Mexican Cartel Activity in U.S. May Be Exaggerated
The National Drug Intelligence Center reported there were Mexican drug trafficking organizations active in more than 1,000 U.S. cities, but that depends on your definition of a cartel.
Two years ago, the National Drug Intelligence Center (now defunct) released a report stating that Mexico’s drug trafficking organizations were active in more than 1,000 U.S. cities, but new statements suggest that these numbers may be exaggerated, according to Fox News Latino.
The NDIC report was based primarily on self-reporting by local police agencies and not documented criminal cases involving Mexican cartels, say law enforcement officials and police experts interviewed by The Washington Post.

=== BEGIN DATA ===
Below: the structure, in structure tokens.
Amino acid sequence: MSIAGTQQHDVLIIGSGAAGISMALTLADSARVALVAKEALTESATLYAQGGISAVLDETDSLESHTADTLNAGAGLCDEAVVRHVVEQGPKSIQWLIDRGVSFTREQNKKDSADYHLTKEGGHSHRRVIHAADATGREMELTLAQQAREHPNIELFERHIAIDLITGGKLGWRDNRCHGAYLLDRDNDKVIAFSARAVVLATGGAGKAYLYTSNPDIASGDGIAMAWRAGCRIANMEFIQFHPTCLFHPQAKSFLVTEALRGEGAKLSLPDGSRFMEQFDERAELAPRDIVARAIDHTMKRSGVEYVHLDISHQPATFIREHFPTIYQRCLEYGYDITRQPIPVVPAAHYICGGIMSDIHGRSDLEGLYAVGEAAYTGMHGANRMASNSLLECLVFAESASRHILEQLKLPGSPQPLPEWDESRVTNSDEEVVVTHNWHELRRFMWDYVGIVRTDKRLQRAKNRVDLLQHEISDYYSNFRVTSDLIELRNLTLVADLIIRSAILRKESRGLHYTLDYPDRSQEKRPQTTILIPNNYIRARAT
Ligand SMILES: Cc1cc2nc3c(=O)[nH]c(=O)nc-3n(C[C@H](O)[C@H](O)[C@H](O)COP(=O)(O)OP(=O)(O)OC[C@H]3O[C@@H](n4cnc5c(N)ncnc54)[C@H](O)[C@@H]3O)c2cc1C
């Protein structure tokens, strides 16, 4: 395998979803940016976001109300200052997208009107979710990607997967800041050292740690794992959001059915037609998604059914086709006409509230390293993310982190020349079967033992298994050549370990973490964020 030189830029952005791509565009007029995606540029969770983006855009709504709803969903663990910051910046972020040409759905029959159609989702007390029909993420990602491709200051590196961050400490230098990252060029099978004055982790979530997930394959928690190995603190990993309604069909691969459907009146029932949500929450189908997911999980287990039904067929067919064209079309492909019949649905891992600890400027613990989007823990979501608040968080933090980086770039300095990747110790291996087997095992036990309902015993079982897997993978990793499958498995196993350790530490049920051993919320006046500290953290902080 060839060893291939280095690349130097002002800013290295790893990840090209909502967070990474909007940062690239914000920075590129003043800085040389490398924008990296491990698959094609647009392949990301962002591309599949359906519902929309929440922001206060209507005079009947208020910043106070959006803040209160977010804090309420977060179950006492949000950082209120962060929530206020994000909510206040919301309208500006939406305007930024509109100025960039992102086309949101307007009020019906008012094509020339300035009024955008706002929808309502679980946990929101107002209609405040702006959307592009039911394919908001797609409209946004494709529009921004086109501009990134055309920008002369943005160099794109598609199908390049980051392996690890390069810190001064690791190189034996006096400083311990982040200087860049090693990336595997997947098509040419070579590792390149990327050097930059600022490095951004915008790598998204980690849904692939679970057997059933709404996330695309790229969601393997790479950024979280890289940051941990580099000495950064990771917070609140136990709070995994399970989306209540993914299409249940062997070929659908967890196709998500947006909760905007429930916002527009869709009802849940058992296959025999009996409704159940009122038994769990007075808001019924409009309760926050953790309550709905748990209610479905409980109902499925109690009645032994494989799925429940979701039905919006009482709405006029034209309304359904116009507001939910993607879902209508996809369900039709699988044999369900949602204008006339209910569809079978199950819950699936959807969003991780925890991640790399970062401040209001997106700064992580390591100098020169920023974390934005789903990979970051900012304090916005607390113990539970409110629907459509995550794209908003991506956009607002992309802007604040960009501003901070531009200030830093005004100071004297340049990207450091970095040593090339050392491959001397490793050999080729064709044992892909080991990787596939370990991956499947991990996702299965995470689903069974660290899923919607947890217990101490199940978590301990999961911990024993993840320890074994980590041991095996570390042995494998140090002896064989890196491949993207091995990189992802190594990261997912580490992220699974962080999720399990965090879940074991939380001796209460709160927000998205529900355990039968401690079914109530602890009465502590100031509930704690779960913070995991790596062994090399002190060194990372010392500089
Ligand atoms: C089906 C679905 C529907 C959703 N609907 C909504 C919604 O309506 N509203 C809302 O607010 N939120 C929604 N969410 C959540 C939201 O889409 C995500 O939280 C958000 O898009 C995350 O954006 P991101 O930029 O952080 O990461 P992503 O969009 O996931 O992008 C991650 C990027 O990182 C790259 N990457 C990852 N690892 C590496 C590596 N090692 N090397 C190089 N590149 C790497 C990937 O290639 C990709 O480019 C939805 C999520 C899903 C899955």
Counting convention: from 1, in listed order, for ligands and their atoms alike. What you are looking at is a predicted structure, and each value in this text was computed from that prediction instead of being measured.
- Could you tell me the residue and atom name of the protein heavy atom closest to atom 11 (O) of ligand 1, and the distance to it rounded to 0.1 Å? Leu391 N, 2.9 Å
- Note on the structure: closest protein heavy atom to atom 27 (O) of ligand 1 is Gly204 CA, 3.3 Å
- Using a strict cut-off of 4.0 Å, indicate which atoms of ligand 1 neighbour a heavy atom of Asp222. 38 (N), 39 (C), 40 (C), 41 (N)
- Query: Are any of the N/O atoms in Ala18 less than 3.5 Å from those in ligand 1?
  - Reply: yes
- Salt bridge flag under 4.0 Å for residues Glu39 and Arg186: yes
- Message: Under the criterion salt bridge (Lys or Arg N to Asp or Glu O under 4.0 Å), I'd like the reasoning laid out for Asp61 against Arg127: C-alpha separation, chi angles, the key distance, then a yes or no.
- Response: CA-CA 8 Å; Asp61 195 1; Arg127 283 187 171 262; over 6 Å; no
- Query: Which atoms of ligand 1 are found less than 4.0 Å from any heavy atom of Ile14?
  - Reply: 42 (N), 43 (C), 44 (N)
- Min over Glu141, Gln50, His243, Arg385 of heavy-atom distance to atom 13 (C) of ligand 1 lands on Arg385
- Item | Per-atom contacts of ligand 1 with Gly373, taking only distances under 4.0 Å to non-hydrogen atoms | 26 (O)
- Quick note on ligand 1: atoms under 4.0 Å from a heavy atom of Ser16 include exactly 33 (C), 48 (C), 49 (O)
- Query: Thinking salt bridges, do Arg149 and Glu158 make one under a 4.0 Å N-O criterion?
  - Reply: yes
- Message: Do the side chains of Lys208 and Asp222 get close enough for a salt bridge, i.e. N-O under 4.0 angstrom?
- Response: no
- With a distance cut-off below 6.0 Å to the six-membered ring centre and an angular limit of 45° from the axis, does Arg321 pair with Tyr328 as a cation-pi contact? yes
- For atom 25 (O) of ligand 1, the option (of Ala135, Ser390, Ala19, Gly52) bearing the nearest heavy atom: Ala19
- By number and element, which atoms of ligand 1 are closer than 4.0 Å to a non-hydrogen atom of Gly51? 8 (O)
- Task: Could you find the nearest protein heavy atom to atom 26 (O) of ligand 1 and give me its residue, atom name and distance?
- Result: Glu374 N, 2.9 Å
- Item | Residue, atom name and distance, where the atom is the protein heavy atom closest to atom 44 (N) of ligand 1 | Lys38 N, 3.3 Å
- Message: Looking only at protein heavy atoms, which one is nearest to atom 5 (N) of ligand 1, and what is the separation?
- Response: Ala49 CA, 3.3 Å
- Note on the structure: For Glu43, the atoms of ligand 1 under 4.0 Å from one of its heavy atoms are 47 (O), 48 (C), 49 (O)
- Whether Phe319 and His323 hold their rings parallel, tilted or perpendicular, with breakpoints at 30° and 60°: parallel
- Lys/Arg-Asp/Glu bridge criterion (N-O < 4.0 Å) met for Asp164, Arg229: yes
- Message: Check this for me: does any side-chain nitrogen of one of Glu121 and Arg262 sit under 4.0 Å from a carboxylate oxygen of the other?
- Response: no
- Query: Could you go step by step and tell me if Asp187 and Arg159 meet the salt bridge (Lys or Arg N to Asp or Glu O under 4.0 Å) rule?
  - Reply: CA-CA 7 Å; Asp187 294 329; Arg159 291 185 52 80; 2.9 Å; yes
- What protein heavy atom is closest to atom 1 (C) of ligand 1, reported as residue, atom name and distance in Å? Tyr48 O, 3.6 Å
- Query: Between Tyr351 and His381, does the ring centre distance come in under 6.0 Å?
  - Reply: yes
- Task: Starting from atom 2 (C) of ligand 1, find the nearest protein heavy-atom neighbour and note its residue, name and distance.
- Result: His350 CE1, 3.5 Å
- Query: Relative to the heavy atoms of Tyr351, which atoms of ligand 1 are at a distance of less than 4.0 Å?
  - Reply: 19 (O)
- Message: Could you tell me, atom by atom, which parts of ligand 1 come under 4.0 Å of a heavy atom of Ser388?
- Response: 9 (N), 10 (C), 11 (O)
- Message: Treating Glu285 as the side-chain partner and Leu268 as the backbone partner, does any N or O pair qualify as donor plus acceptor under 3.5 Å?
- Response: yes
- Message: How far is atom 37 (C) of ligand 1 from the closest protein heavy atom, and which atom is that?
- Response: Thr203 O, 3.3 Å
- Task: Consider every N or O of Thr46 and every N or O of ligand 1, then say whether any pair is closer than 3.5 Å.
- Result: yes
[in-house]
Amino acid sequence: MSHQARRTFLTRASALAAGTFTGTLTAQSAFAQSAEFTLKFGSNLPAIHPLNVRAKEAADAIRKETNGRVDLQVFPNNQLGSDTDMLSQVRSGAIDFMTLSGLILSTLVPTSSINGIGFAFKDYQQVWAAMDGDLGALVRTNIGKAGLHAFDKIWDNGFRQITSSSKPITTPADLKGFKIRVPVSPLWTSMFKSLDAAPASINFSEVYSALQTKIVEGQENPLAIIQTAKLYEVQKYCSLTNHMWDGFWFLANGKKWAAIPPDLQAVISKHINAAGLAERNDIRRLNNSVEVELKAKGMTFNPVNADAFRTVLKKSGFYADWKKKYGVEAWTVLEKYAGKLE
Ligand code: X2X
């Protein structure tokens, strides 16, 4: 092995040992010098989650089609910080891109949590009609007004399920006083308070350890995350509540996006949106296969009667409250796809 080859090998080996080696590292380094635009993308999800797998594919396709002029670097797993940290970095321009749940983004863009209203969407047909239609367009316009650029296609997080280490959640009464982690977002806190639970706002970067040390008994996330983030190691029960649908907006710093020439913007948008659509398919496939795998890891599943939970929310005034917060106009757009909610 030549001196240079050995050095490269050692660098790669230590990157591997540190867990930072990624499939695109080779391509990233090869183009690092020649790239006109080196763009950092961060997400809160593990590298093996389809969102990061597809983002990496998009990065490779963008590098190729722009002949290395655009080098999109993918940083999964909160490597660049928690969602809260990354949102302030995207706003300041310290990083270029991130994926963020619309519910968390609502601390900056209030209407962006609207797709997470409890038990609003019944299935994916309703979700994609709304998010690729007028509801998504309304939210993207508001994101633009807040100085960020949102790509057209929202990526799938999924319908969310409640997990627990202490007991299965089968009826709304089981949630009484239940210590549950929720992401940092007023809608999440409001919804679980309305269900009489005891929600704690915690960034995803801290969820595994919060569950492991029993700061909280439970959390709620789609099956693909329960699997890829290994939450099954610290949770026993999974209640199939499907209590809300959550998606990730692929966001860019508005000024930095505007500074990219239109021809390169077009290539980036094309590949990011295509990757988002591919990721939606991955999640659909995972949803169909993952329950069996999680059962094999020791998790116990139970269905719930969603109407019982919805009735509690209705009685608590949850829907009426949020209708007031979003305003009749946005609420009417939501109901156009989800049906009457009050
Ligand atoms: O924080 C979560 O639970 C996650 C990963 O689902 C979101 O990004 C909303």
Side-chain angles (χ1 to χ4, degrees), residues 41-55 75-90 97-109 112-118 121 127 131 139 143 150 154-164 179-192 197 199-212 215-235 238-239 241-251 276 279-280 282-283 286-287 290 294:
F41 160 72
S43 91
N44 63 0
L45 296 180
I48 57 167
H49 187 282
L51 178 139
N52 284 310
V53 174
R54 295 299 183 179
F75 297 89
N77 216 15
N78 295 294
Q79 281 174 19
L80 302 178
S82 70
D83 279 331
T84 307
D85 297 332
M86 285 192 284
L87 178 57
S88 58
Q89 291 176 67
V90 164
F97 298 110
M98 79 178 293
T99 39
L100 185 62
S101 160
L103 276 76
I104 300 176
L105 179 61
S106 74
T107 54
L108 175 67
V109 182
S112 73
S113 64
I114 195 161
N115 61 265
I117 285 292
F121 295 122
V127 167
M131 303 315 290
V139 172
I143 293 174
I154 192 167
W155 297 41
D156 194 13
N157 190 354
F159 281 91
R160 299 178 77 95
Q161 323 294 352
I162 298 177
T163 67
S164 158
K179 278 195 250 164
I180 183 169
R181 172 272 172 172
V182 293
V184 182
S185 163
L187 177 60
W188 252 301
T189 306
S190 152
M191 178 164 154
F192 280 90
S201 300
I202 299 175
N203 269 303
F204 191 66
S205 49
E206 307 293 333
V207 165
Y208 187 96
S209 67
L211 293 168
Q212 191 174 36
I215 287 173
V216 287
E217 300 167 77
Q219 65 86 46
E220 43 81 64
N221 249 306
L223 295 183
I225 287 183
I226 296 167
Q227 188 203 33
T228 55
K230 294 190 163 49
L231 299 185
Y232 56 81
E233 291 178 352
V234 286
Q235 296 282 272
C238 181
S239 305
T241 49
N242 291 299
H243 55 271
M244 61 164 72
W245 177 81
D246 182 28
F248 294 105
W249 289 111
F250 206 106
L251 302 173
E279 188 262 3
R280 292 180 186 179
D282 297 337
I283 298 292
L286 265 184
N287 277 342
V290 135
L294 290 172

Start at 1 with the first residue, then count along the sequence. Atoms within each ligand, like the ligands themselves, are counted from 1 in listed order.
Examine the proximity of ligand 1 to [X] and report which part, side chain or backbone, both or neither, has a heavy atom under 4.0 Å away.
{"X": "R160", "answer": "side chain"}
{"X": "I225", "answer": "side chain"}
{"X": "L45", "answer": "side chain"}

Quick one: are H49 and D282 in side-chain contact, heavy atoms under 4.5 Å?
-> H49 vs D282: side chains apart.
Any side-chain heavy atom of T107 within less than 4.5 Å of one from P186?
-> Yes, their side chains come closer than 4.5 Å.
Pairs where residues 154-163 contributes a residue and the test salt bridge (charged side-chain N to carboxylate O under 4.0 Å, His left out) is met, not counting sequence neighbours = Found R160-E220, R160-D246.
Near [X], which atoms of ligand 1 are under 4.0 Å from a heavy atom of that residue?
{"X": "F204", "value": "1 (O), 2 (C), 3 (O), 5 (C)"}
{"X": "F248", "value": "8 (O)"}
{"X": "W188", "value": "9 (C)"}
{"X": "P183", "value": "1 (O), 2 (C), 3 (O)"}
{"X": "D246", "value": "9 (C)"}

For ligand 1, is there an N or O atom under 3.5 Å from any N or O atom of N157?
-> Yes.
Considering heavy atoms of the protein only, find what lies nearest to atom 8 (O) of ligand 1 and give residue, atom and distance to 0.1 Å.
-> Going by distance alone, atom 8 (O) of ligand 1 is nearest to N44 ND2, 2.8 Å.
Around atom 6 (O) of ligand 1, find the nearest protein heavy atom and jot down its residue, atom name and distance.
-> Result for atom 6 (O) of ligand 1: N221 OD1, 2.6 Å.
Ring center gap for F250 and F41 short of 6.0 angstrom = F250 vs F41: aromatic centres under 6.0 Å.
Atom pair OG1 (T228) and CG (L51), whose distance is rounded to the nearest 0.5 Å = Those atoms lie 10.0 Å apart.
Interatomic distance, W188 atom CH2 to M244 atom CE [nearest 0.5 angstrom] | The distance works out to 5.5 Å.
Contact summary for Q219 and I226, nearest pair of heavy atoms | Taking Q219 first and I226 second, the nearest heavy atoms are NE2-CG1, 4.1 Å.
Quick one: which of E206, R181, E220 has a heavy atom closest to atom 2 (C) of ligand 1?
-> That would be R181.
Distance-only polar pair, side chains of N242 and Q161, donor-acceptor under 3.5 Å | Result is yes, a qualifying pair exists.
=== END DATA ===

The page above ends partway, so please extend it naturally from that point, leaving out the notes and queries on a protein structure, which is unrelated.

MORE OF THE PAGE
The Drug Enforcement Agency refused to release the names of the cities where cartels operate, stating that the matter was “law enforcement sensitive,” the article reports.
At the heart of the debate over the NDIC’s numbers, however, is the definition of “drug cartel.” The NDIC report classified cartels as “transnational criminal organizations” including major, multi-million dollar organizations to traffickers who purchased drugs from cartel associates. This definition could include anyone from Mexico selling small amounts of marijuana in any U.S. city.